August: Get Back in the Game

standard August 28, 2014 Leave a response

August went by way to fast! I am so ready for cooler weather to eventually find its way to TX. Probably won’t happen until November, but I can hope.

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This month’s running goals were all about rediscovering your mojo and getting back in the game. Summer is a hard time of year for running, especially in TX, and it’s easy to get in a rut. I know I did pretty quickly after moving back here. The heat was horrible. The humidity was worse. And the hills were just torture. Here’s what I did this month to try to get ready for the final stretch into fall (and marathon day!)

Head for the trails. Running on concrete and asphalt is hard on my feet. So is the beating sun. Trails usually mean shade. And new terrain keeps me on my toes, as I have to focus on where I am going and what’s underneath my feet.

Schedule fun. Make sure to include fun workouts. I gave up on hills outside because they were so numerous and long. Moving my hill workouts and speed days to the gym helped me get more excited about these workouts again. I used to LOVE them until the humidity killed all my enthusiasm. And treadmill workouts that change often keep them from getting dull so the time goes by fast.

Set new goals/sign up for a short race. Having a half marathon in the middle of marathon training really helped to break it up. I had a more immediate goal to focus on that kept me going. And now that it is over, I have even more drive now to meet my marathon goal and keep up the hard work.

Mental game. Envisioning how I will feel on race day knowing I did all I could to make it easier to get out of bed each morning. No regrets!

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Any tips on how you get back in the game when you’re in a training rut?

(Psst! Exciting posts coming up next week … Get ready!)

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So Close.

standard August 25, 2014 Leave a response

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Highlights from this weekend’s amazing adventure running the SeaWheeze Half Marathon:

1. Road-tripping through Washington state for five hours with your favorite running buddy = a for sure good time.

2. Getting up at 5:00 AM every day is easy when it means you get limited edition Lululemon gear.

3. Every race should do wristbands instead of bibs. So much easier.

4. Beyond thankful for hilly Austin and a training plan full of hill repeats.

5. Running through gorgeous Vancouver is a good way to forget about the pain in your legs.

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6. Running too fast through a hilly course is painful.

7. Having no energy left to sprint at the end means you at least gave it all you got the whole way.

8. Any race that has watermelon at the finish is the best race ever.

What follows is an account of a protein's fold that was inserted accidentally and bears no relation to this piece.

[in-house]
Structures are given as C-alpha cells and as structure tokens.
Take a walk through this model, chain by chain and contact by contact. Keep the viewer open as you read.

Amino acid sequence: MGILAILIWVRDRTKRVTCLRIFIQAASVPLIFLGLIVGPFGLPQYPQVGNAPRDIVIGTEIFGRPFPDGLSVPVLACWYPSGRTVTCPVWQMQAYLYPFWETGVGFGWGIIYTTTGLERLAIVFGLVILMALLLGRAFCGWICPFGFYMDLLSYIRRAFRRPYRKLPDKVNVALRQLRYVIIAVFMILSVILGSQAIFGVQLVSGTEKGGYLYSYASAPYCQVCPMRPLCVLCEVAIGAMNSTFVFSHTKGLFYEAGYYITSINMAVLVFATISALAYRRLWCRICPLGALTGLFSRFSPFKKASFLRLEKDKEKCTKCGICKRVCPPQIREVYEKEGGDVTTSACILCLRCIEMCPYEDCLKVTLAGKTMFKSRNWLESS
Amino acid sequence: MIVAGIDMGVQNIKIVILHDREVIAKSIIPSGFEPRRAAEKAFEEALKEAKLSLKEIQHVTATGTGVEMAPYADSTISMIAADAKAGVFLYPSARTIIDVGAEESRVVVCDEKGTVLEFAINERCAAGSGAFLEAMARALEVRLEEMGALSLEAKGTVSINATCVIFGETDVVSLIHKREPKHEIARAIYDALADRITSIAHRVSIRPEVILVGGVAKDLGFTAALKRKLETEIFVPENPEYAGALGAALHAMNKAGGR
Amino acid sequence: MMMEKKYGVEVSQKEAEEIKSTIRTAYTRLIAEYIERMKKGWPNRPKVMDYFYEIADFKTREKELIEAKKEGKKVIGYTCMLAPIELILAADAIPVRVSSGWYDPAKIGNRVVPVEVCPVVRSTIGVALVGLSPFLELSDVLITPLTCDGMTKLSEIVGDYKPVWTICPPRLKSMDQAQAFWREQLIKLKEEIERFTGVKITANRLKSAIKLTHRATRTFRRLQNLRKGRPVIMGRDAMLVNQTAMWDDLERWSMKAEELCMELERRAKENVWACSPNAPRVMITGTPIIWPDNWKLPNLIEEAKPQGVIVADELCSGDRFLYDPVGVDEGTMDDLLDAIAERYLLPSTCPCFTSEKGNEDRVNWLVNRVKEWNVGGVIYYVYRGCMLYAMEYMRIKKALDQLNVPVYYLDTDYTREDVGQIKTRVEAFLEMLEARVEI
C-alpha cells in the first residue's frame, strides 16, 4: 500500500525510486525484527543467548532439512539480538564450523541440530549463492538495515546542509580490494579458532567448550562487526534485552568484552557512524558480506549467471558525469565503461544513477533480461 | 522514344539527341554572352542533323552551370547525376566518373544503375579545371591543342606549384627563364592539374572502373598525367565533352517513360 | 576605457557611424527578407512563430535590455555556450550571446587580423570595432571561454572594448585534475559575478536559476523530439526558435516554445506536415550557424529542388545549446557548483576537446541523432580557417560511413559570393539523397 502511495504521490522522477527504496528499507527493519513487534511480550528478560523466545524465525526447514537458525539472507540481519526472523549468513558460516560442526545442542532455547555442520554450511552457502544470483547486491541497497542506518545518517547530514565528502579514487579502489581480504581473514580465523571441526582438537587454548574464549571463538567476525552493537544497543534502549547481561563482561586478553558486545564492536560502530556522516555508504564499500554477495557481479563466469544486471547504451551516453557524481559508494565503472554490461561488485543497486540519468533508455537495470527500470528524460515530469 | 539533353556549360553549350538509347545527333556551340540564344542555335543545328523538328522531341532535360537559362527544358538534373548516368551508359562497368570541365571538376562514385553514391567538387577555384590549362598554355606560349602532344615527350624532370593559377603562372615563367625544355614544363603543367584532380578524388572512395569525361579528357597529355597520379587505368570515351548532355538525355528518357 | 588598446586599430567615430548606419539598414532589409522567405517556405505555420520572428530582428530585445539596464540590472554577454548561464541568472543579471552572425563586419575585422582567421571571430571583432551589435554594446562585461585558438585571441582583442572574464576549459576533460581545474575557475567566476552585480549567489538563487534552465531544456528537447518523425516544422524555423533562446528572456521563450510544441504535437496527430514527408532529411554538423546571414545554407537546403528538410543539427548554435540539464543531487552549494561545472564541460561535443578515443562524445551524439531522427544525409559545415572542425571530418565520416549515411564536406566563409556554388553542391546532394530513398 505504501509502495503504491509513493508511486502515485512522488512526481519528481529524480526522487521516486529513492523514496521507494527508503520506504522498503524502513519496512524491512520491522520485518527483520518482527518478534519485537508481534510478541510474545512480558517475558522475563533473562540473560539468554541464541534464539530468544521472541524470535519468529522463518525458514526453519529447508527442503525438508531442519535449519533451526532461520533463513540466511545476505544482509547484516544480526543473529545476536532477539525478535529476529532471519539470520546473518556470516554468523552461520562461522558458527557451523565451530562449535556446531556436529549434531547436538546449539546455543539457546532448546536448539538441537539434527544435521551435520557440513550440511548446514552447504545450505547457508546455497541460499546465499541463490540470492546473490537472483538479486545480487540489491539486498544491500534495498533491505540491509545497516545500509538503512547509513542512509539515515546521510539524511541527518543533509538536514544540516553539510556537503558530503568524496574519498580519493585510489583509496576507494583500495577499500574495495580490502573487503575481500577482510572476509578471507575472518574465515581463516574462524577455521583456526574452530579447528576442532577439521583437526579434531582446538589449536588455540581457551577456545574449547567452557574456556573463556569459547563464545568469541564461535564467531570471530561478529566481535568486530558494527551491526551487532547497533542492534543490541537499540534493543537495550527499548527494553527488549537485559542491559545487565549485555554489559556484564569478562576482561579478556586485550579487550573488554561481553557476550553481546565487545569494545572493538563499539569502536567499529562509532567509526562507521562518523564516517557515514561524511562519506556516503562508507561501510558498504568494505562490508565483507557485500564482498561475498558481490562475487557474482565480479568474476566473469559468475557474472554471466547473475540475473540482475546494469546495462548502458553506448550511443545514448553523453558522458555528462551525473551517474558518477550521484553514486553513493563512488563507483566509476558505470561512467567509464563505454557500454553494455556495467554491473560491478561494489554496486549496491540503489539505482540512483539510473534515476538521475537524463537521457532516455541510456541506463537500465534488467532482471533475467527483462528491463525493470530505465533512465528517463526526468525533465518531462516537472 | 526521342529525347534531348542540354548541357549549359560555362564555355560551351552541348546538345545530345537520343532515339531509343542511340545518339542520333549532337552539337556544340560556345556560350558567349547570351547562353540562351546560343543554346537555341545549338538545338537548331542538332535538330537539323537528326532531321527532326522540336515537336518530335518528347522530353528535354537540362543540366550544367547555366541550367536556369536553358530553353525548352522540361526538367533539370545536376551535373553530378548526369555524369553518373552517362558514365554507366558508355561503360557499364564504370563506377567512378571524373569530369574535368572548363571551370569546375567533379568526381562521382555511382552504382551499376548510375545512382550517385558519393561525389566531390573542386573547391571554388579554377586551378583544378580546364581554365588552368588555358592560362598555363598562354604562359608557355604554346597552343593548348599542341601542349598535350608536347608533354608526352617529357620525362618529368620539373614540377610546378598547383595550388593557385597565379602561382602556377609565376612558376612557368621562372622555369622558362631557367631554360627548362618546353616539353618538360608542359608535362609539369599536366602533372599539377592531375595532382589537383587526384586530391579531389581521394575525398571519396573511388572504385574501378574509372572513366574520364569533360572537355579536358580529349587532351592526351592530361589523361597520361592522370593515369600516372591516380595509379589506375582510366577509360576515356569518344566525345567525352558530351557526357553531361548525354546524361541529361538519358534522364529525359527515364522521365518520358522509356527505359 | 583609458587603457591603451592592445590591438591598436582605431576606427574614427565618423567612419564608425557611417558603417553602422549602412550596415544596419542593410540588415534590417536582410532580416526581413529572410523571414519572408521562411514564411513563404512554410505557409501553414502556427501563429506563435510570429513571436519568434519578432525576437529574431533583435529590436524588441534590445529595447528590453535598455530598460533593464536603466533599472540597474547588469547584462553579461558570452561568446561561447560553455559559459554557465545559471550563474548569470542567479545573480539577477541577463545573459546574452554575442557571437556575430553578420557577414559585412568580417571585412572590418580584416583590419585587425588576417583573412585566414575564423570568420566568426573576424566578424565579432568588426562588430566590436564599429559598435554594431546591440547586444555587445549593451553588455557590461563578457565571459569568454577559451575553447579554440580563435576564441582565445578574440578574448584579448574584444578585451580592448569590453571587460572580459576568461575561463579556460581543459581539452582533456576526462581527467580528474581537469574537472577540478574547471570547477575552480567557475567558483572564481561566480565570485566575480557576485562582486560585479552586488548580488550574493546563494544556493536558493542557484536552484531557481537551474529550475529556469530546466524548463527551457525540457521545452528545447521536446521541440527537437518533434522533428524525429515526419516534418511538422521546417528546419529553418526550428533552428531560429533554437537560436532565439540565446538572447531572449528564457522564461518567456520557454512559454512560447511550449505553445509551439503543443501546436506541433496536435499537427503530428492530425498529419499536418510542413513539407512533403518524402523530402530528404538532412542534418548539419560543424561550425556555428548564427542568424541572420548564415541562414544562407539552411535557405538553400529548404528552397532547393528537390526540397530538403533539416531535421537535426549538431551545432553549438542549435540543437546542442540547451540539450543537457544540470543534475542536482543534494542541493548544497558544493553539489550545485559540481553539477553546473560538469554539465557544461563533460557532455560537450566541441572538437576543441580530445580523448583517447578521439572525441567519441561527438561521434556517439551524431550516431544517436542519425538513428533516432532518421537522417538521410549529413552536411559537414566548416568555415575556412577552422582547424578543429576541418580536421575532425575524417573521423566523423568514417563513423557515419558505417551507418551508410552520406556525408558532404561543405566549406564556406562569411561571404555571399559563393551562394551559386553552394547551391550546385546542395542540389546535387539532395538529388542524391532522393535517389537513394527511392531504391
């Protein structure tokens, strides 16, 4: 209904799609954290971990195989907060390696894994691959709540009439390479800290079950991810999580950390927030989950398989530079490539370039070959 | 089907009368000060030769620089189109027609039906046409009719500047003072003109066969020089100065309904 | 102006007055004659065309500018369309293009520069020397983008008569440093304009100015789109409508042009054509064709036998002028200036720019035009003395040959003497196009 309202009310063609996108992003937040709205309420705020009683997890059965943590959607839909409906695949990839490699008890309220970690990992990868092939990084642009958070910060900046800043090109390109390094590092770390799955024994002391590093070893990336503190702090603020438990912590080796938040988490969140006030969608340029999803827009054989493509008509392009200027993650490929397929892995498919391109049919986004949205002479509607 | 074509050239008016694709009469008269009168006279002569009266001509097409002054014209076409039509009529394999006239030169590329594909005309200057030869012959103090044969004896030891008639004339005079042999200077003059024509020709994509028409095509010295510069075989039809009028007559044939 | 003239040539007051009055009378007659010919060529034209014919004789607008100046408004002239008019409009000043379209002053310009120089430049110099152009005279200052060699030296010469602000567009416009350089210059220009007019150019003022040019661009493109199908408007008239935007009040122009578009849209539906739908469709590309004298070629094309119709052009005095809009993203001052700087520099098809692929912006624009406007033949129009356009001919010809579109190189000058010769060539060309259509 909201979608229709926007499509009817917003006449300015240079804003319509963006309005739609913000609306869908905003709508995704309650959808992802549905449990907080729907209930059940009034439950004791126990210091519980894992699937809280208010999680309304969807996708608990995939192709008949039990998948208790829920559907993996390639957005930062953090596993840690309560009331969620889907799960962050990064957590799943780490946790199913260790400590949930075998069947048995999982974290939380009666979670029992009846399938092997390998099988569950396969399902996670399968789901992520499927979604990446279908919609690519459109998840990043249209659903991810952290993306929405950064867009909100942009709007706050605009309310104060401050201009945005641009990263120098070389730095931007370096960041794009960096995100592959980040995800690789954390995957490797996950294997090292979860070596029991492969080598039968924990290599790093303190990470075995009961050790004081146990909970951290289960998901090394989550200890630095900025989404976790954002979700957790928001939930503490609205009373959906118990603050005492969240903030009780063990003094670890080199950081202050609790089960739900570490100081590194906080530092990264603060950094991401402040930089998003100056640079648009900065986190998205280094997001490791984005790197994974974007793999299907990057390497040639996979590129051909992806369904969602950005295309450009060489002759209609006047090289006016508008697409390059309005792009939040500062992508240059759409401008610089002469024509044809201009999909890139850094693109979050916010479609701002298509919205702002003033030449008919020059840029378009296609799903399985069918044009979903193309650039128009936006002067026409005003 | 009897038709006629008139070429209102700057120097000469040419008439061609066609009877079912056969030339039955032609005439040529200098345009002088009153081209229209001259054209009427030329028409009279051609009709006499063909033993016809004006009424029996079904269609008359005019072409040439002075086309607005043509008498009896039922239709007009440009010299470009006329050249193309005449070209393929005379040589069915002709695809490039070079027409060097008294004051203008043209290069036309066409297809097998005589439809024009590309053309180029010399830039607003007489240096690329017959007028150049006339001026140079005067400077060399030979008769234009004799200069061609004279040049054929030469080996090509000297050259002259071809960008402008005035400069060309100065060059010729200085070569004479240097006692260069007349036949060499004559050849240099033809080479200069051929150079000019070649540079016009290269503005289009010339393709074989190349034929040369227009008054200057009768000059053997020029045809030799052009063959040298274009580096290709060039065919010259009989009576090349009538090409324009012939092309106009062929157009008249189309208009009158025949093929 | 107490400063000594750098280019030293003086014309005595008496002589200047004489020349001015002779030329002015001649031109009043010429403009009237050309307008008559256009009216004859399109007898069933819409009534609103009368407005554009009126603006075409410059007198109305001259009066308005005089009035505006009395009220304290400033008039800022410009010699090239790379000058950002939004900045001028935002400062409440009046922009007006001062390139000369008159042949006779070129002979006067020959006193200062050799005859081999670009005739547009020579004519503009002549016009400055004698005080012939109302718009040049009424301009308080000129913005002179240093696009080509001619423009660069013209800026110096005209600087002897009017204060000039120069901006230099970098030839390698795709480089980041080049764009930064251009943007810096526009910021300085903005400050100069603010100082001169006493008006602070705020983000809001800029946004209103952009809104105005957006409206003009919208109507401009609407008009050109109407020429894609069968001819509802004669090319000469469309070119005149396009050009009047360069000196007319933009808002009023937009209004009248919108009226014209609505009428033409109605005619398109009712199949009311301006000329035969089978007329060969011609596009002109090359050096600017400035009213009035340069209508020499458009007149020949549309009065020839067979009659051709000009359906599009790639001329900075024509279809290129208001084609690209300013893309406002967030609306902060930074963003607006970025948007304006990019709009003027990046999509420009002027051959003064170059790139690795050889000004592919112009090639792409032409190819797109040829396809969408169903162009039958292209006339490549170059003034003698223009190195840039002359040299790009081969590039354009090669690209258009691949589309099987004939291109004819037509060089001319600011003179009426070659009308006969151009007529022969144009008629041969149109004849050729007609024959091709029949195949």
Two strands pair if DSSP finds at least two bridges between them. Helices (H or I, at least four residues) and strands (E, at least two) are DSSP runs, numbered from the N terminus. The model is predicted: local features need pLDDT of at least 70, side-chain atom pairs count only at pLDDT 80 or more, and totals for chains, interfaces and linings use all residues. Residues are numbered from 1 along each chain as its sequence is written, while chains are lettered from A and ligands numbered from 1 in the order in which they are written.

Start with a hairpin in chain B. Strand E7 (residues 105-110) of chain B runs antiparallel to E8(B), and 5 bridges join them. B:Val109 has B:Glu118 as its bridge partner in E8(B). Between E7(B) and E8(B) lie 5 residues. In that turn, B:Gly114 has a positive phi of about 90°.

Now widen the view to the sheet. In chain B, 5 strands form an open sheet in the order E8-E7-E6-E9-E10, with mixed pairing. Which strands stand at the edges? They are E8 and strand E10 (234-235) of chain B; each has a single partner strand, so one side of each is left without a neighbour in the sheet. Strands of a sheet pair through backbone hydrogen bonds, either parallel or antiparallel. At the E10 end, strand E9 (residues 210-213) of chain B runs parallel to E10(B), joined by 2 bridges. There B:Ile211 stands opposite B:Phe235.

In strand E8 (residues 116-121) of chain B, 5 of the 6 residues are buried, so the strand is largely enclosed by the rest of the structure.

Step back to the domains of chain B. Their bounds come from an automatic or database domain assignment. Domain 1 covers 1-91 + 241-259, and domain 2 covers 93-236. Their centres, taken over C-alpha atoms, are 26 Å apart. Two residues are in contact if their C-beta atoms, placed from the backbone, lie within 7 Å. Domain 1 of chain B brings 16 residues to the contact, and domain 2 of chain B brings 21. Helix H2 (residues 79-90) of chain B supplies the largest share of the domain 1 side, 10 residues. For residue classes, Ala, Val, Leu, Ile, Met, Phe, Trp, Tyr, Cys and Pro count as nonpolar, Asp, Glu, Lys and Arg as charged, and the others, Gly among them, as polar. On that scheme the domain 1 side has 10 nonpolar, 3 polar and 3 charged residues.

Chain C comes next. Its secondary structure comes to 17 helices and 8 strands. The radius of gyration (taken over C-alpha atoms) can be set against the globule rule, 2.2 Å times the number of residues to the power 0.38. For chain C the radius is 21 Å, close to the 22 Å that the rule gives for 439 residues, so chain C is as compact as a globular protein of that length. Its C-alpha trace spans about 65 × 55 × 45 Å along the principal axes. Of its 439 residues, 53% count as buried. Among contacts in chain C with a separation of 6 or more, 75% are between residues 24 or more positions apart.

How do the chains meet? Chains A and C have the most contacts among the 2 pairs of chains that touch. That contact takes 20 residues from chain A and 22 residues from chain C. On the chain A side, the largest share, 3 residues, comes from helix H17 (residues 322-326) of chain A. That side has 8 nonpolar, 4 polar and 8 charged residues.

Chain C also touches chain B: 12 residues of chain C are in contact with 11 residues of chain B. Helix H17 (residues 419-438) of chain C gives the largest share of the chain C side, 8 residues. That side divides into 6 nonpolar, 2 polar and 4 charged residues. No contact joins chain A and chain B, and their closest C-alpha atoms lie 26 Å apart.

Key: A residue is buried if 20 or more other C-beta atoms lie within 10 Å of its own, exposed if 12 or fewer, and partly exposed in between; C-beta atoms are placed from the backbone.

9. Having Vega electrolytes on the course and coconut water at the end makes it over the top.

10. Still chasing my sub-2:00 goal (so close) … time to sign up for another!

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July: Pain-Free

standard August 7, 2014 Leave a response

Following my monthly running goals, July was all about overcoming aches and pains.

I thankfully do not get too many of these. I’ve slowly learned how to listen to my body and recover properly with rest and nutrition to keep myself pain-free. I try to avoid medicine, instead choosing dietary pain relievers such as ginger and turmeric. I spend almost every Saturday afternoon on my couch with compression sleeves. I make sure to rest on my scheduled rest days. I go to yoga.

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Since I don’t have too many aches and pains,  I spent last month focusing on prevention by:

Dynamic warm-ups: This is hard to remember to do. It is so easy to just walk outside and GO. Last week I finally remembered to do this, mostly because my Garmin was being slow to sync when I turned it on, and I found myself standing impatiently on the sidewalk. Felt a little silly doing high knees outside as people were driving to work, but sometimes you just gotta get it done! The mornings I remembered to do dynamic drills were the ones where I felt I had the strongest runs and was less sluggish for the first mile. Maybe its a bit of a mental trick, but I’ll take it either way.

Foam rolling: I think it’s time I caved in and started foam rolling. After years of running and more continuous mileage, I am starting to see the effects on my muscles. Thanks to my diet, my body doesn’t feel too sore overall after a run, but I do have bouts of tenderness in specific areas. 

Anyone have any other tried and true tips and tricks for dealing with pain and recovery?